Just What the Middle East Needs: Turkey’s Getting an Aircraft Carrier

Ankara is about to greatly expand its military reach—and up the ante in the region’s dangerous arms race.

01.05.16 6:00 PM ET

ISTANBUL — Turkey is getting ready to widen the reach of its military considerably by building a multipurpose aircraft carrier with “trans-continental” capabilities.

The 225-meter ship dubbed the Anadolu (or Anatolia), set to enter service in 2021, is designed to take fighter aircraft, attack helicopters, tanks, troops, and landing vessels to areas around the Mediterranean and as far as the Atlantic and the Indian Oceans, officials say. While some analysts say Turkey needs a carrier like this, some regard the project as an expensive expression of prestige and grandeur that far exceeds the country’s limits.

The move is a sign of NATO member Turkey’s determination to become a leading power in the Middle East and beyond, an ambition that has been ruffling feathers. In a region shaken by the Syrian war, a heated row between Turkey and naval superpower Russia over the downing of a fighter jet and an increased naval presence by rival Iran to the southeast have heightened tensions even more.

Behlul Ozkan, an expert on Turkish foreign policy at Istanbul’s Marmara University, said the program to build the Anadolu was in line with Prime Minister Ahmet Davutoglu’s idea of Turkey’s role in the world. “He really thinks Turkey can be an oceanic power,” Ozkan told The Daily Beast, adding that Davutoglu’s vision might be “beyond Turkey’s capabilities.” For example, the government has also set a goal for Turkey to become one of the world’s 10 biggest economies by 2023, a target that many think is hopelessly optimistic.

Ankara’s naval plans could raise the stakes in its troubled neighborhood, where Turkey has been at odds with countries like Syria, Iraq, Iran, and Egypt. That’s in addition to the conflict on Cyprus and unresolved territorial disputes in the waters of the Aegean with neighbor and NATO partner Greece.

Turkey already has a highly modern military, with more than 600,000 soldiers who form the second-largest force in NATO, with the U.S. as the biggest partner.

As a flagship of the Turkish navy, the 28,000-ton Anadolu, with a capacity of as many as 1,400 crew and troops, would be a demonstration “of the strength reached by our country’s defense industry,” Orkun Kalkavan, a manager at the Sedef Wharf in Istanbul, where the vessel is being built, told the Milliyet daily this week. The contract to build the ship was signed last year, with the Spanish company Navantia as a technological partner. Kalkavan said the Anadolu, expected to cost more than $1 billion, would be equipped for “trans-continental tasks.”

Analysts describe the carrier as a landing platform dock, or an LPD, which is a warship used to carry troops to flashpoints and send them ashore with the help of on-board landing vessels, or a landing helicopter dock (LHD). The vessel will come with its own small fleet of F-35 fighter jets and helicopters, a hospital with at least 30 beds, and room for landing boats and other smaller crafts as well as for 13 battle tanks.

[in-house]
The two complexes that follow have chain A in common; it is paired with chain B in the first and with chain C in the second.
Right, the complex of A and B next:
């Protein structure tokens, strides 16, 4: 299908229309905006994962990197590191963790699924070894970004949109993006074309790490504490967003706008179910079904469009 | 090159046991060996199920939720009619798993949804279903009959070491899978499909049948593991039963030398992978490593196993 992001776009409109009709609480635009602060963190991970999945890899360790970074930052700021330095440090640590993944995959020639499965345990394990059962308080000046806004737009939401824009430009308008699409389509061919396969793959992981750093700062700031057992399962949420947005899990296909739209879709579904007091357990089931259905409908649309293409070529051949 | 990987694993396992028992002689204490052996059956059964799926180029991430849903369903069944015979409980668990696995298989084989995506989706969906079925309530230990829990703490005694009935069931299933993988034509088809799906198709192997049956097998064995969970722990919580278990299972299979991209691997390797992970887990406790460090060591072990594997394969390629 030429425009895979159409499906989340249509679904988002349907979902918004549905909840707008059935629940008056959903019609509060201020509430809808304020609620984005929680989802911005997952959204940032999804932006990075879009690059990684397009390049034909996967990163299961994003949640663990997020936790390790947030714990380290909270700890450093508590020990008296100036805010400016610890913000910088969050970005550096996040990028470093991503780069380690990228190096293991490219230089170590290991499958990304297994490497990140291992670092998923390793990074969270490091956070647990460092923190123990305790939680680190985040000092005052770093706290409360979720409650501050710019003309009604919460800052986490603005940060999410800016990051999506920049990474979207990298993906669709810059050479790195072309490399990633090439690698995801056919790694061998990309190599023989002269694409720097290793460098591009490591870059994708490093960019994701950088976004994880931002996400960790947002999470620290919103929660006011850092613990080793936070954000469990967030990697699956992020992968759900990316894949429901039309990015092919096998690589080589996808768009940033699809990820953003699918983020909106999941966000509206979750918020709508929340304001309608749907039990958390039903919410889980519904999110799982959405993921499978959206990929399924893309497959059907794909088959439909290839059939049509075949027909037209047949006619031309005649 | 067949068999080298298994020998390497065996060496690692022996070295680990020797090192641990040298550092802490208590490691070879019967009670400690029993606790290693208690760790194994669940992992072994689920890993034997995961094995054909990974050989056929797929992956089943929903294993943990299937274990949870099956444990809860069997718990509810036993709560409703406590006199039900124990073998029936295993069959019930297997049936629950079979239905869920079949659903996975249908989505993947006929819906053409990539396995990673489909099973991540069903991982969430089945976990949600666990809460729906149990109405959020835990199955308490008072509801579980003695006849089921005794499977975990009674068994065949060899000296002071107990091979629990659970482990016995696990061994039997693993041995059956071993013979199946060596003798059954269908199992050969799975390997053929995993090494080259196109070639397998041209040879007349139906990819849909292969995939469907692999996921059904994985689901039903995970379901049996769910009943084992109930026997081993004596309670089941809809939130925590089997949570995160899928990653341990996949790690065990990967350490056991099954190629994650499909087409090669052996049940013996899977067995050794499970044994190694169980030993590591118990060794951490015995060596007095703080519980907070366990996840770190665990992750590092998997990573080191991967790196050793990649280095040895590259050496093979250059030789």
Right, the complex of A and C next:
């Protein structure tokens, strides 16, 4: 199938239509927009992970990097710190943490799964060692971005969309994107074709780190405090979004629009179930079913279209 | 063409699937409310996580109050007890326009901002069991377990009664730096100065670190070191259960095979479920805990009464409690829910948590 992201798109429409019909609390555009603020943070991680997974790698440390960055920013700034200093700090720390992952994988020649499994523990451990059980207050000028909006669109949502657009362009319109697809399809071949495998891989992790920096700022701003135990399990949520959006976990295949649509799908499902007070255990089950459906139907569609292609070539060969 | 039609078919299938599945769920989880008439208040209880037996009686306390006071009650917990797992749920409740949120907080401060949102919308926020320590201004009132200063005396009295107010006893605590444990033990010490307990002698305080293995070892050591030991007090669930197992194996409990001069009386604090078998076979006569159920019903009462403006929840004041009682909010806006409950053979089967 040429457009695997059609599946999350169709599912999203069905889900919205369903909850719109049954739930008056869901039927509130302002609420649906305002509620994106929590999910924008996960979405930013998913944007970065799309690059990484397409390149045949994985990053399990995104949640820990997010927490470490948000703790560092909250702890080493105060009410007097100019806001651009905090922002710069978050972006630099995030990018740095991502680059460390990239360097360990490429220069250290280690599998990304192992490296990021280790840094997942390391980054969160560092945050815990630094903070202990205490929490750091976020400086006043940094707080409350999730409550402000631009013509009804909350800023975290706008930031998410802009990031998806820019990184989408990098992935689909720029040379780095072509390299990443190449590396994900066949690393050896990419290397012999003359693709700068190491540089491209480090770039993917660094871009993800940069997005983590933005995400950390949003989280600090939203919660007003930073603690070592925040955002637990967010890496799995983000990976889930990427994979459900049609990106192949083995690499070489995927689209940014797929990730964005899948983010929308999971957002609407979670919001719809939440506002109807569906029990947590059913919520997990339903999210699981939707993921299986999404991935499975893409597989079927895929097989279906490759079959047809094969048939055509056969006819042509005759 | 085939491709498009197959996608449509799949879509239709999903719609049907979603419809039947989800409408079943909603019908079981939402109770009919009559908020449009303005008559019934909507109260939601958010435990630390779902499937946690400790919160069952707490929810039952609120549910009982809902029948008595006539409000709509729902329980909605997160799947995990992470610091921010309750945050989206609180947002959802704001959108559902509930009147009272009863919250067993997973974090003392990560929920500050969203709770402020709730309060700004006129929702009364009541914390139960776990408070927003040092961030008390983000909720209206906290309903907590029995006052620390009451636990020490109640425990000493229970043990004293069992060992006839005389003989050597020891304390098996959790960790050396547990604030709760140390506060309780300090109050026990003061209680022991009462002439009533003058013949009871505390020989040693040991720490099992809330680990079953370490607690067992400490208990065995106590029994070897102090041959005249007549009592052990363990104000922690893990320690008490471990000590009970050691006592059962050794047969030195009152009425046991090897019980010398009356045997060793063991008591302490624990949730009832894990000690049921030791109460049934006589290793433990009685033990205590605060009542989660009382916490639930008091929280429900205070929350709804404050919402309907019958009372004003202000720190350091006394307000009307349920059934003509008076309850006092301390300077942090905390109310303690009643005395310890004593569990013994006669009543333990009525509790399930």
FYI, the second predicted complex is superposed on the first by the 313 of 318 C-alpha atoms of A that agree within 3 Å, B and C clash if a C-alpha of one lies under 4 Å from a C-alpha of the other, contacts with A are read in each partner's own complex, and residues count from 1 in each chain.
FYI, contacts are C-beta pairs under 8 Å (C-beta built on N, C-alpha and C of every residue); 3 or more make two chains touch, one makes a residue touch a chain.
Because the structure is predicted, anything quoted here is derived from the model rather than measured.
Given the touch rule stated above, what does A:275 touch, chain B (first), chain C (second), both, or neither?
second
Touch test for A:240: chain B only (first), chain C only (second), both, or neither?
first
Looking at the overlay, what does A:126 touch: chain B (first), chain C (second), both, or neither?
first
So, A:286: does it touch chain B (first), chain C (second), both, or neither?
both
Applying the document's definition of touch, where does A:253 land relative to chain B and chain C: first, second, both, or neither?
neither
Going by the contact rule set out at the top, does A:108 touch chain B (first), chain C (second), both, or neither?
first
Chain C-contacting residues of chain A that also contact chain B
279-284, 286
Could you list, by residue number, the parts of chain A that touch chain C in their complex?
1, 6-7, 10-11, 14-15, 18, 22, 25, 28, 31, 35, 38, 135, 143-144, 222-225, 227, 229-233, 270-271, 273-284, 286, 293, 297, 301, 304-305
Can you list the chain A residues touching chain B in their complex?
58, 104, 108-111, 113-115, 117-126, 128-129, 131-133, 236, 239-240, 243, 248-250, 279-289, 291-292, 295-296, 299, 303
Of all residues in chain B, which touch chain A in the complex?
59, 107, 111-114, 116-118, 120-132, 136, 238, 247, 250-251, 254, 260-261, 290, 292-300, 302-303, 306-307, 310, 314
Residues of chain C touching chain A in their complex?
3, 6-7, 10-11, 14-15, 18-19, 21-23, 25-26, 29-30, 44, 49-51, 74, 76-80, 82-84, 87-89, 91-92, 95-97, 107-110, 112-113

Devrim Yaylali, an expert on the Turkish navy who writes a blog on naval matters, said planning for the ship started as far back as 2006. “Large amphibious ships are the only real multipurpose ships any navy can possess and are the naval equivalent of Swiss Army knives,” Yaylali emailed in response to questions by The Daily Beast. Ships like the Anadolu could be used for force projection—“the most obvious use.” The ship could be deployed as a “mother ship for small boat operations and helicopters,” he added.

With these new features, Turkey’s military power would grow dramatically. But the Anadolu could also help deliver humanitarian aid during a crisis or after a disaster and could be used for the “evacuation of combatants and non-combatants,” Yaylali wrote, adding that the “Turkish navy really needs these capabilities.”

He pointed to an incident in 2011, when Turkey evacuated more than 23,000 civilians from Libya and needed many commercial planes to do it. With a ship like the Anadolu, the operation would have been much quicker and easier, he wrote.

The combination of military and civilian uses could pay off for Ankara in the future, other analysts agree.

“Capabilities offered by the LPD will make it an important instrument of foreign policy that will accentuate Turkey’s soft power beyond its military prowess,” Metin Gurcan, an independent security analyst and columnist for Al-Monitor, told The Daily Beast.

Marmara’s Ozkan said one other possible use for the Anadolu could lie in deployments in crisis spots around the Middle East where Turkey’s partners in Europe and the U.S. were reluctant to intervene themselves because of anti-Western sentiments.

“Maybe the ship could be deployed in NATO operations there because action by Turkey as a Muslim country would be easier to justify,” he said. Given the instability around the region, Ozkan said he expects U.S. support for the project. “The Muslim world is in flames,” he said. “You never know what is going to happen.”